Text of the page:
Why RBI may go against consensus and cut rates
Mumbai: The Reserve Bank of India’s (RBI) monetary policy committee (MPC) is likely to keep interest rate unchanged on fears of rising inflation.
All of the 15 economists surveyed by Mint, expect RBI to keep the repo rate—the rate at which the central bank lends to banks—unchanged at 6%. One basis point is a hundredth of a percentage point.
But against the consensus, some of the market participants still expect RBI may cut rate, mainly to give further boost to economic growth, which is in a recovery phase.
Here are their reasons:
After five consecutive quarters of deceleration, GDP growth quickened to 6.3% in July-September, suggesting the economy has survived demonetisation and the goods and services tax, which was rolled out on 1 July. However, there exists an output gap which means economic growth still remains below its potential.
Policymakers arguing for a rate cut say that real interest rates (those adjusted for inflation) are higher in India, and that is proving to be a hindrance for the economy to reach its potential growth level.
In a recent interview to Bloomberg, Ashima Goyal, a member of Prime Minister’s Economic Advisory Council, said that India does not need a real rate of more than 1%. RBI’s assessment range is 1.25-1.75%.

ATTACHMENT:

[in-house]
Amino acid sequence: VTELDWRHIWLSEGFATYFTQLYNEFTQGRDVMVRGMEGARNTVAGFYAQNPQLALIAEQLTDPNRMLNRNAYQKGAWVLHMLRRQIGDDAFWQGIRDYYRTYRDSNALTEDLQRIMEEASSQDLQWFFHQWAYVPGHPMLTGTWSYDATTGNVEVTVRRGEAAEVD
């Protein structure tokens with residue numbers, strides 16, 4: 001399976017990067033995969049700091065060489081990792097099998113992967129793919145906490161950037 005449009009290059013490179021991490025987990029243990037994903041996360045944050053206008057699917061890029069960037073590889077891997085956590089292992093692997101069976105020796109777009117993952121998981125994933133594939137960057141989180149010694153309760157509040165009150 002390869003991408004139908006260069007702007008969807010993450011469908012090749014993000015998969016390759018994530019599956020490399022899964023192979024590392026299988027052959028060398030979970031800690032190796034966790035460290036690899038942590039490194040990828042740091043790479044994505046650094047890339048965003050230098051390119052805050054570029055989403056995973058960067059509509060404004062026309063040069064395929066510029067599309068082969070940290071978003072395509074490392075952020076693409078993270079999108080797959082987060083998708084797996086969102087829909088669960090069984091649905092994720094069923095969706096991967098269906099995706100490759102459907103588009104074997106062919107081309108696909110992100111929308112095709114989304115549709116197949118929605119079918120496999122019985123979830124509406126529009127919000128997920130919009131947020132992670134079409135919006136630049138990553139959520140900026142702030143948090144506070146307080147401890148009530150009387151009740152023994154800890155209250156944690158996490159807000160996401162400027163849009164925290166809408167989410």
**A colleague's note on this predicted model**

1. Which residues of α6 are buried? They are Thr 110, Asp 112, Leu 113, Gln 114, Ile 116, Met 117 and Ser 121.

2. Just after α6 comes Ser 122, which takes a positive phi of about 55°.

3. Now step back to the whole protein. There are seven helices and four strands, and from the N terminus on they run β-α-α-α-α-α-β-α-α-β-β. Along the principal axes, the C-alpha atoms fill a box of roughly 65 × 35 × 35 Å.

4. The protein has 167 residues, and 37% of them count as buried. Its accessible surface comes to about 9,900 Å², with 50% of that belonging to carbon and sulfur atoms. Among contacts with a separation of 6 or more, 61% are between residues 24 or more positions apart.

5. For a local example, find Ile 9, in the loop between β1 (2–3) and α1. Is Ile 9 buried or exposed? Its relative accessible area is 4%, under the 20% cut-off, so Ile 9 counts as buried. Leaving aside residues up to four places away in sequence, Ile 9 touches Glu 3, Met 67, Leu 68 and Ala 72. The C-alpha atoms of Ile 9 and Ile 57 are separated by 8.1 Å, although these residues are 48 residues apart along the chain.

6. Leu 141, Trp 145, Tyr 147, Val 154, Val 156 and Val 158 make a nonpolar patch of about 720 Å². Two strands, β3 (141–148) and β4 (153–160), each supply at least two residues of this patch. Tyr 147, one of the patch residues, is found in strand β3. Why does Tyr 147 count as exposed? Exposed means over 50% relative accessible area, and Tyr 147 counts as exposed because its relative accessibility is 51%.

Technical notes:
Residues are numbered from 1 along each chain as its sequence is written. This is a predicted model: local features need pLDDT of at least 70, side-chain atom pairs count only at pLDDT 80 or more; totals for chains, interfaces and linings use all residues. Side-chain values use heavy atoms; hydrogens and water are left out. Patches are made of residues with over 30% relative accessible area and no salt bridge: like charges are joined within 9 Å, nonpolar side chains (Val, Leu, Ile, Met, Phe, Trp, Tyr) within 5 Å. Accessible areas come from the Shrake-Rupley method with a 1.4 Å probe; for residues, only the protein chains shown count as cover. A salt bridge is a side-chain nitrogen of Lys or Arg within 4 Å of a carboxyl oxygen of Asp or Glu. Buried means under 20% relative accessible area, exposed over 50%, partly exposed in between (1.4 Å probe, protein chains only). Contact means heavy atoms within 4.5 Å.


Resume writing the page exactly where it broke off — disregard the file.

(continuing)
She added that the RBI’s notion that keeping rates higher will anchor inflation expectations has worked against them and proved to be a drag on growth.
Though still in surplus, liquidity in the banking system has tightened considerably and is expected to remain tight till March. Apart from RBI’s liquidity operations, lower government spending, higher currency in circulation during festival season and ahead of state election also contributed to the liquidity tightness. This, along with fears of fiscal slippage, has led to hardening of yields on bonds. Some market participants believe that a rate cut would give some relief as yield would fall and lead to lower borrowing cost.
Higher yields also impact banks’ earnings because of statutory liquidity ratio (SLR), or the proportion of deposits that banks need to invest in government bonds. The ratio currently stands at 19.5%. However, due to lower credit offtake, banks have invested more in government securities. According to estimates of Bloomberg Economics, apart from the regulatory mandate, banks’ excess holding of such bonds now stands at around Rs11.5 trillion.
A significant portion of this have to be marked to market and eat into the profits of banks when yields are hardening. Hence, a rate cut can benefit the stressed loans-laden banks. According to Abhishek Gupta, economist at Bloomberg Economics, one percentage point fall in the 10-year benchmark government bond yield would lead to roughly a 7% capital gain on such securities.
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